When Alex approached us with the idea of making a short stories podcast, with a big social impact, he got our attention. As the producer of the show, I’ve heard his guests’ highest highs, their lowest lows, and the moments of change that made them who they are – it’s been a privilege helping to craft their most intimate experiences into stories for you to enjoy.

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Favourite Show: The 100 – I love those ‘what if humans nearly got wiped out?’ type shows.

Favourite Movie: Gladiator

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Richard Willan is the CEO of Fascinate productions, a podcast production and promotion company. Before starting Fascinate, he worked an audio engineer, mastering tracks for artists on major and independent labels.

He is an executive producer for ‘Our Voices’ where he assists with production, creative direction of the show, and marketing strategy.  

 

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I am responsible for writing blog articles for the Our Voices podcast. I have the privilege of listening to fascinating stories on the topics and issues that are of greatest relevance to our society today. Once I’ve done this, I create articles that provide an overview and description of the conversations in order to help spread them to the widest possible audience. My job is to make these articles as engaging as the conversations themselves.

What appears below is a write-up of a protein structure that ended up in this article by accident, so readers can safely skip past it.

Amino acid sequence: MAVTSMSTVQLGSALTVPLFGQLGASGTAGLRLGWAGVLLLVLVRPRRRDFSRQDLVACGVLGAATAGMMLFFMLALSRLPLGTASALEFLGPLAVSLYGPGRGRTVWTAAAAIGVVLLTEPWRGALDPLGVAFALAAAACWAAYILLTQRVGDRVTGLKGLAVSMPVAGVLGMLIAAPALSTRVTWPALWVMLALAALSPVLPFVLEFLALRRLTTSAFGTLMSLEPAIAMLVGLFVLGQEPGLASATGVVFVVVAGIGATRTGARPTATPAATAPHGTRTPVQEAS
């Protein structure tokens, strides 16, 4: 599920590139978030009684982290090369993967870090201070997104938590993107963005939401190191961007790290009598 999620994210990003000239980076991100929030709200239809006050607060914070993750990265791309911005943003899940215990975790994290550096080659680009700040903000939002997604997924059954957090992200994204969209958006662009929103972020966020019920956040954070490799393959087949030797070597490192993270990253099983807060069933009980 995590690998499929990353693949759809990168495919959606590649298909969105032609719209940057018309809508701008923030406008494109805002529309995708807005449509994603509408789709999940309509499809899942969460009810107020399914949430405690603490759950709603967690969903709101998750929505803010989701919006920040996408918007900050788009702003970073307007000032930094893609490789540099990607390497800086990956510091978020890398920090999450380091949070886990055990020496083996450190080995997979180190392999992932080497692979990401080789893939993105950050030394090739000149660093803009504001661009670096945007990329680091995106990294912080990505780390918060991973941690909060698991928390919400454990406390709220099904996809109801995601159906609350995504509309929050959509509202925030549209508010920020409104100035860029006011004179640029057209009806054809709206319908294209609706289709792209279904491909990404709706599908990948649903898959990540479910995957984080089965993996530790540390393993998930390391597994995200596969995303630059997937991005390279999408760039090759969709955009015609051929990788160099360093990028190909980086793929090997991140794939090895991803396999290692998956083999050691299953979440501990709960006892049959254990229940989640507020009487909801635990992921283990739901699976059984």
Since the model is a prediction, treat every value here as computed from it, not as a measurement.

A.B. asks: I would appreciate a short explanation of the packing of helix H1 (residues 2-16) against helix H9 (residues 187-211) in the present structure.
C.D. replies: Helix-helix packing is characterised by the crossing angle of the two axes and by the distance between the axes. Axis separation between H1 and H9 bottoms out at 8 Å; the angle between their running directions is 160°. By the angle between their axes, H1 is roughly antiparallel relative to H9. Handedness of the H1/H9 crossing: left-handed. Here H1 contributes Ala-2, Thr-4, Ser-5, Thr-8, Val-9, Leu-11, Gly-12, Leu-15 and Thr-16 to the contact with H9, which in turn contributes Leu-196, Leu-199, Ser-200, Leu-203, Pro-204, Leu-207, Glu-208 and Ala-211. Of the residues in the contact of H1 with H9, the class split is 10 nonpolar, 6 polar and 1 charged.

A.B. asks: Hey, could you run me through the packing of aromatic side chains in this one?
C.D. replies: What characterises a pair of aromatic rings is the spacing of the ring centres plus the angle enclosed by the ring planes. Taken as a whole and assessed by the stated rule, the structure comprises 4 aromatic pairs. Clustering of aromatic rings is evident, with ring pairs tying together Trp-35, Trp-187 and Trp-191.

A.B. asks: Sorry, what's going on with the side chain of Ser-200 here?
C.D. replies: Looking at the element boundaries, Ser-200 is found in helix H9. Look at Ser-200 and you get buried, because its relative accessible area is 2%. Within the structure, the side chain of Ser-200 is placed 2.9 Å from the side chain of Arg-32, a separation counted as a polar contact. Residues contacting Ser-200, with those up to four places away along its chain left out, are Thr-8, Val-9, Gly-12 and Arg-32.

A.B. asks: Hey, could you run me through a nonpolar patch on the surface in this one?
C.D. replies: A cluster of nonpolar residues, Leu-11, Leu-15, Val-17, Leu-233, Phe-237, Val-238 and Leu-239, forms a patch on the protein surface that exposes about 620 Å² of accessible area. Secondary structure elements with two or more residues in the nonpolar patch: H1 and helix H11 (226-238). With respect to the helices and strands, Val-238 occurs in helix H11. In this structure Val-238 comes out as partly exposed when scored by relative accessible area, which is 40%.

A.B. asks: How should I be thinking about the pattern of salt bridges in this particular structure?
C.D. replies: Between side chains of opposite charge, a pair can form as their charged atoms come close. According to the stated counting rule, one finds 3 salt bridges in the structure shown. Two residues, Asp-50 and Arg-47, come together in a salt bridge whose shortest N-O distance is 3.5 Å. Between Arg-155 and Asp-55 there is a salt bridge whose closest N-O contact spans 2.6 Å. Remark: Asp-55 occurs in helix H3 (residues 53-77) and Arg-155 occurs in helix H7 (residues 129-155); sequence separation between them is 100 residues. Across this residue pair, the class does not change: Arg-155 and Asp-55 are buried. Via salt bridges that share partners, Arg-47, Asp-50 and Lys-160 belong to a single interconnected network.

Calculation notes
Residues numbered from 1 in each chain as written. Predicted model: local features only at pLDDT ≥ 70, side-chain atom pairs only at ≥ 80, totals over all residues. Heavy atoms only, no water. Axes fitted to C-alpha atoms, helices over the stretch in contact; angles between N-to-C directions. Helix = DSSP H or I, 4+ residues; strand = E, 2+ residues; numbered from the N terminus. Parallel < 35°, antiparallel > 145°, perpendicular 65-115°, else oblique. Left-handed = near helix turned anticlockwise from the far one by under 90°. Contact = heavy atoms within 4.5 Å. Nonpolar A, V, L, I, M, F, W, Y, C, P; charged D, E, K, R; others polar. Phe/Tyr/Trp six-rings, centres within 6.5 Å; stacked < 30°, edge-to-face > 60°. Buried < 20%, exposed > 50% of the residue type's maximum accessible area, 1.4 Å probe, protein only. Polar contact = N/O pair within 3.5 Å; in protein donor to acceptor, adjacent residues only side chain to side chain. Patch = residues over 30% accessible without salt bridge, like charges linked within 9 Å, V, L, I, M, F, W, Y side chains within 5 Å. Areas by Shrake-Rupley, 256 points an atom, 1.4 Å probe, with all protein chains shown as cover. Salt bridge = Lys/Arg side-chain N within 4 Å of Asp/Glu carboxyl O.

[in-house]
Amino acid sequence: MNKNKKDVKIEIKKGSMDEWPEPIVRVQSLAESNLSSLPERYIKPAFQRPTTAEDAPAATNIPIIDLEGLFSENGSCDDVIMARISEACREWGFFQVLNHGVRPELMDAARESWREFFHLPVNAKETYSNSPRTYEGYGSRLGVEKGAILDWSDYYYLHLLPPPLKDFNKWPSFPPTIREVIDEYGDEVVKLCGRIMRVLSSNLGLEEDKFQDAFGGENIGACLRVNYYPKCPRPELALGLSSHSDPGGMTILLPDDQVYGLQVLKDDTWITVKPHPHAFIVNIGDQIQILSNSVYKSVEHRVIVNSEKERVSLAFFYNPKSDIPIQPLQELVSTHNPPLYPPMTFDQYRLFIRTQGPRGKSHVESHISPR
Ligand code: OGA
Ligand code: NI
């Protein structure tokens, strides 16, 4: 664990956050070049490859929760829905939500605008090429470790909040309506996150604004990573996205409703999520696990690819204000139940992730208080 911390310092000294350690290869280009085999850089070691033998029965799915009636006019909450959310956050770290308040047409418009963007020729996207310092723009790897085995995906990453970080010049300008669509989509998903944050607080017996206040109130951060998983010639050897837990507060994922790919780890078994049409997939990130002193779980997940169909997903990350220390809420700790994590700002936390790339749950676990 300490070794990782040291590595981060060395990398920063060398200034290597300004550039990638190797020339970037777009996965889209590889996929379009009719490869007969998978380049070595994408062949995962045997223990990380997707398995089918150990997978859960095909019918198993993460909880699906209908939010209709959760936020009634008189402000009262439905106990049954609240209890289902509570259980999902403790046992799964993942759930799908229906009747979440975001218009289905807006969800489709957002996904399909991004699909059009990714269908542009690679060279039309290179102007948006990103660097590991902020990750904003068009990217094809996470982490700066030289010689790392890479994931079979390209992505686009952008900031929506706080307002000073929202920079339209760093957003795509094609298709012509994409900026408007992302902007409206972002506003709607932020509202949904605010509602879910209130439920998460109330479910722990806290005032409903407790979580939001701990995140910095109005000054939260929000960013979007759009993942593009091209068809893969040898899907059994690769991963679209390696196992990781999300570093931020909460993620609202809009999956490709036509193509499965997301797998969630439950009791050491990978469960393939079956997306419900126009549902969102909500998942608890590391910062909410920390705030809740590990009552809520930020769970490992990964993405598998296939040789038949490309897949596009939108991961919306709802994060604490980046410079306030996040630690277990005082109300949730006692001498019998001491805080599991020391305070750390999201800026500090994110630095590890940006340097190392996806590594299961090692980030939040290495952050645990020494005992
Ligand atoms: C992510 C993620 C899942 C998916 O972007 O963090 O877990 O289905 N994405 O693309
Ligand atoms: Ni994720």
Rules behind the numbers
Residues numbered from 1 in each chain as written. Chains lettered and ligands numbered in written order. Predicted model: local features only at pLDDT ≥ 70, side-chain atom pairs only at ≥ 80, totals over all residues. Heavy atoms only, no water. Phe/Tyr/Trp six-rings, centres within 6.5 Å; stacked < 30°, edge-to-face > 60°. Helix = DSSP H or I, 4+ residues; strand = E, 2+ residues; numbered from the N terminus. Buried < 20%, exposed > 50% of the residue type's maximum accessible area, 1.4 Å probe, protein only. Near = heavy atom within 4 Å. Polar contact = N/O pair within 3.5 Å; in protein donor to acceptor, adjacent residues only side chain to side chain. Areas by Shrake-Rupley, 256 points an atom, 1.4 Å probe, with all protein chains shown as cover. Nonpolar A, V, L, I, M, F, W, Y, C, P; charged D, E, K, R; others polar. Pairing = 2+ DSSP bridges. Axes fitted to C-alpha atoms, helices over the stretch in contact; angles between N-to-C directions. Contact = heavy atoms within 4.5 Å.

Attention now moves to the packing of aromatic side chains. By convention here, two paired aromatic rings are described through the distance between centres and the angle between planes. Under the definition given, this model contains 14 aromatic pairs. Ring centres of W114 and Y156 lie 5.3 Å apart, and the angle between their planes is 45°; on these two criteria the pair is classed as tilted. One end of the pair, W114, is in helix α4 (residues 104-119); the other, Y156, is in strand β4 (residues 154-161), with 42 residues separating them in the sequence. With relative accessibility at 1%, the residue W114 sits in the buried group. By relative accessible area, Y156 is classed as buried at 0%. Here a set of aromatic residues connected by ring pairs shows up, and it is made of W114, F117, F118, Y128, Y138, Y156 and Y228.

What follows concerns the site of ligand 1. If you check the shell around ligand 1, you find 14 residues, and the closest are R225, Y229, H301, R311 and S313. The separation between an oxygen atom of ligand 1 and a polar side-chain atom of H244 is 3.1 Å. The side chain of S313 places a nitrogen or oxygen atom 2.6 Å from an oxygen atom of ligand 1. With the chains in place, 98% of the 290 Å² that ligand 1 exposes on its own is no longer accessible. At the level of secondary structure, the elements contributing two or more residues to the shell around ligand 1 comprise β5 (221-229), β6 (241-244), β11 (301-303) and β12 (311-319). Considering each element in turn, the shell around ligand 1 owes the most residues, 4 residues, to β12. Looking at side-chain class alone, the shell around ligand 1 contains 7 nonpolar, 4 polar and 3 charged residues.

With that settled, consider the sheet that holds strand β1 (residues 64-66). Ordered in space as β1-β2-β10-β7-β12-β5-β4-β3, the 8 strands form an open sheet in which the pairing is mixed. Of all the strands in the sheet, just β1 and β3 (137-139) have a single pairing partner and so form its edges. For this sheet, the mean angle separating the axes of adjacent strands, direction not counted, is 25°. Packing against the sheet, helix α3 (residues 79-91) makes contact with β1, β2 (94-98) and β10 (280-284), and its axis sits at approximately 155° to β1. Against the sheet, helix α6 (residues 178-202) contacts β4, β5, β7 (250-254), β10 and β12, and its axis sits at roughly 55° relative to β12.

As an English teacher who has worked with students from all over the world for over 10 years, I have got used to successfully communicating with those from different backgrounds and cultures. This has helped me to appreciate the value of connection across borders and boundaries. It has also helped me to appreciate that we are all able to learn from each other’s experiences.

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Favourite Food:  In a word, sandwiches. The possibilities are endless.

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Favourite Show: Fleabag: the writing and acting create a thrilling kind of intimacy I haven’t seen anywhere else.

Favourite Movie: Victoria is an incredible German thriller that’s all shot in one take – it’s a real trip. Plus it’s beautifully soundtracked by Nils Frahm.

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I am the host of Our Voices. I help to find the guests that have a powerful voice to share and then I speak to them and help to tease the stories out of them that will have a positive impact on the listener. 

While running Swoosh English, an online English school from 2013 – 2021, I had the opportunity to meet people from all walks of life and many of these people had incredible stories. This inspired me to start ‘Our Voices’ because I wanted to give these people a platform to share these stories with the world.

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Favourite Movie: Shawshank Redemption: An unbelievable journey full of twists and turns.

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Hobby: Football, boxing, reading, learning Spanish, travelling and watching fascinating conversations on Youtube.

Favourite Book: Shantaram by Gregory David Roberts – a book about an incredible journey.